The much-anticipated 37th season premiere of Saturday Night Live took place this weekend, with host Alec Baldwin making a record 16th appearance and worshipped mutation-rockers Radiohead hopping across the Atlantic to play a new song in an episode that gave us hope for the season, despite the show's longrunning issues with quality consistency.
For once, the political opening monologue was a searing success, despite its ungodly length (over ten minutes!). Baldwin, who looks pretty damn comfortable on a political podium, his Gov. Rick Perry impression consistently stumbling and doubletalking himself into buffoonery, while Jason Sudeikis' Mitt Romney is a tremendous blank-behind-the-eyes affability. Taran Killam’s John Huntsman walked an odd racial line (but did it well), while Ron Paul's refusal to help burning puppies and Kristen Wiig's loopy Michelle Bachmann were bit-part successes.
Bragging that he's surpassed Steve Martin as the No. 1 most frequent SNL host in history, Baldwin settled into his latest stint by stabbing at Martin for moonlighting with “the round guitar thing Kermit the Frog plays.” Natch, the Father Of The Bride then showed up ("Oh, I was just passing by the studio in full makeup”) – along with drug expert Seth Rogen – to test Baldwin’s urine for performance-enhancing drugs. A few sips from the sample determined that only niacin, B-12, linguine vongole, and Cialis were present.
Baldwin also addressed the ridiculous protests of the new Ben & Jerry's flavor, Schweddy Balls, named after his own '90s SNL sketch involving homemade treats at a public radio bake fair. Alec promised an upcoming new flavor being released for the critics: "Go Fudge Yourself."
The first pre-produced bit of the year is thankfully not a repeated commercial sketch, but a new one: "Red Flag" perfume. “She’s funny, but not funny like ‘ha ha’ … Funny like ‘yikes!’” Red Flag: smells like trouble. What a tagline. And oh, what I'd have given in the past decade to actually have had a product like this. Women are lucky – they've had their senses tuned to the Red Flag scent for years on men; it's called Axe body spray.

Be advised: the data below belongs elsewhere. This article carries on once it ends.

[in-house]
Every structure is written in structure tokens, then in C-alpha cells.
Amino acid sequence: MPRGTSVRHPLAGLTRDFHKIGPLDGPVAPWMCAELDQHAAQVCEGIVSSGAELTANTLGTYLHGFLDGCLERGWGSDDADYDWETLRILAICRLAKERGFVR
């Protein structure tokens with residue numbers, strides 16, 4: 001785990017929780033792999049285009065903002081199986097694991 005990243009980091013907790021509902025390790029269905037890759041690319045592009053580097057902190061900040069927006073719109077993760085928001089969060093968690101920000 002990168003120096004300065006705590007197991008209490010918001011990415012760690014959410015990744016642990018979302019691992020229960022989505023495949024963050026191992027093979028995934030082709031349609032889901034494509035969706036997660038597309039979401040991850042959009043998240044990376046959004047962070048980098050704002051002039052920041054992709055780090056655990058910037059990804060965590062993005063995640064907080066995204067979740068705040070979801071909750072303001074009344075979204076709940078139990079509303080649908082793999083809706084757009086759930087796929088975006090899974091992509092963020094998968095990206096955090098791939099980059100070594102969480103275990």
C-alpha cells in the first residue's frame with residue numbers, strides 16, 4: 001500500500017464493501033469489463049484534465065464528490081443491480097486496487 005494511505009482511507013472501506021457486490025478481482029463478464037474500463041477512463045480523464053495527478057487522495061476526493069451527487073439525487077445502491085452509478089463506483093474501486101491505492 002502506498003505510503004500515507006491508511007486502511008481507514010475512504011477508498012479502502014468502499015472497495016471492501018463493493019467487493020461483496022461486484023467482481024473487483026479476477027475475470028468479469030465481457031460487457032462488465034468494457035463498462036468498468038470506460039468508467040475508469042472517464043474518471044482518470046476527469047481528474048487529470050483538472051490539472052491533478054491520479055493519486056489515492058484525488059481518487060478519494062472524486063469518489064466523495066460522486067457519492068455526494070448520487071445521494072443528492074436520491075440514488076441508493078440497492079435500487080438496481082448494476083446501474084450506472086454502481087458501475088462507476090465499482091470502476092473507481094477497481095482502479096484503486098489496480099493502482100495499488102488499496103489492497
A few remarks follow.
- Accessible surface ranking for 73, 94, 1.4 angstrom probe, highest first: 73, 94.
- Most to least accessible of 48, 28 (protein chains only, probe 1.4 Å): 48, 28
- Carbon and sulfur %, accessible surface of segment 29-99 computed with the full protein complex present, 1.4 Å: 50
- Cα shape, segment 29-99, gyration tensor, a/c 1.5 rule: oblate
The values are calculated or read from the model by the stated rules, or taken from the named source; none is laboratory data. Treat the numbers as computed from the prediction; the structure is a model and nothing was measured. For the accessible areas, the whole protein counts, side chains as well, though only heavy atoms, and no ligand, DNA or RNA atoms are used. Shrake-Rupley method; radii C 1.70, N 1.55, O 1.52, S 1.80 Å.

Despite the promising start, there were – with depressing reliability – a series of unfunny skits that hampered our ramped enthusiasm for the new season. After all, since they've had all Summer to hit a grand slam with the opener, there should be an utterly airtight comedy assault. This is not what we're witness to, as the writers fall into traps of their own devising. For instance, the All My Children Wrap Party must've worked well on paper, but in execution the skit was a mess of unfunniness and ran far too long. If evil-twin and amnesia jokes are the best SNL can come up with at this point, the season is not looking good. But we'll forgive them one missed hurdle. Or three.
The timing of Weekend Update was all over the place as well. And really, Seth, it's time to open the co-anchor chair back up. Nobody can fill Tina Fey's seat like Liz Lemon herself, but there's got to be some new blood to bring to the formula. Baldwin's impression of Tony Bennett was a fine distraction however, and the supermarket cashiers joke at the end was a solid finish.
Radiohead's performance was a mutated, raw and gorgeous rendition of "Lotus Flower" that pushed frontman Thom Yorke's falsetto limits while exploring new improvisational avenues towards the end. The band's second song, once again featuring two drummers, was a fantastic new track called "Staircase". Check out both of the band's performances here.
"Who's On Top" is an awkward and weird bit of lawsuit bait pitting Hollywood leading men against one another in the bedroom in the form of a game show, while Alec's Al Pacino is scary good in the "Top Gun Screentest" skit. Watch below:
Then that brings us to what's possibly the best sketch of the night, for both how dark of a place they take it to and how much it reminds us of Amy Poehler's "Kaitlyn" character from not so long ago – without outright stealing material. Nasim Pedrad plays Baldwin's pre-teen daughter, an insufferable monster whose father refuses to give the satisfaction of acknowledgement when she throws attention tantrums. Between planking on top of china cabinets, pouring pudding on the new girlfriend's head ("are you my mother now?" is the sexiest thing a woman's ever heard, I'm sure) and setting Daddy's blue blazer on fire, she pushes the limits on obnoxious – but damned if every parent watching wasn't howling with laughter.
Ultimately, the season premiere was a little smarter than this lifetime fan had been expecting, with minor cast and production changes taking place rather than total cast overhauls and writing reformatting. With a little luck, a run of great guests and a continued guarantee that the current political climate will remain as outrageously cartoonish and ridiculous as it is today, "Saturday Night Live" could have another great pre-election season to offer.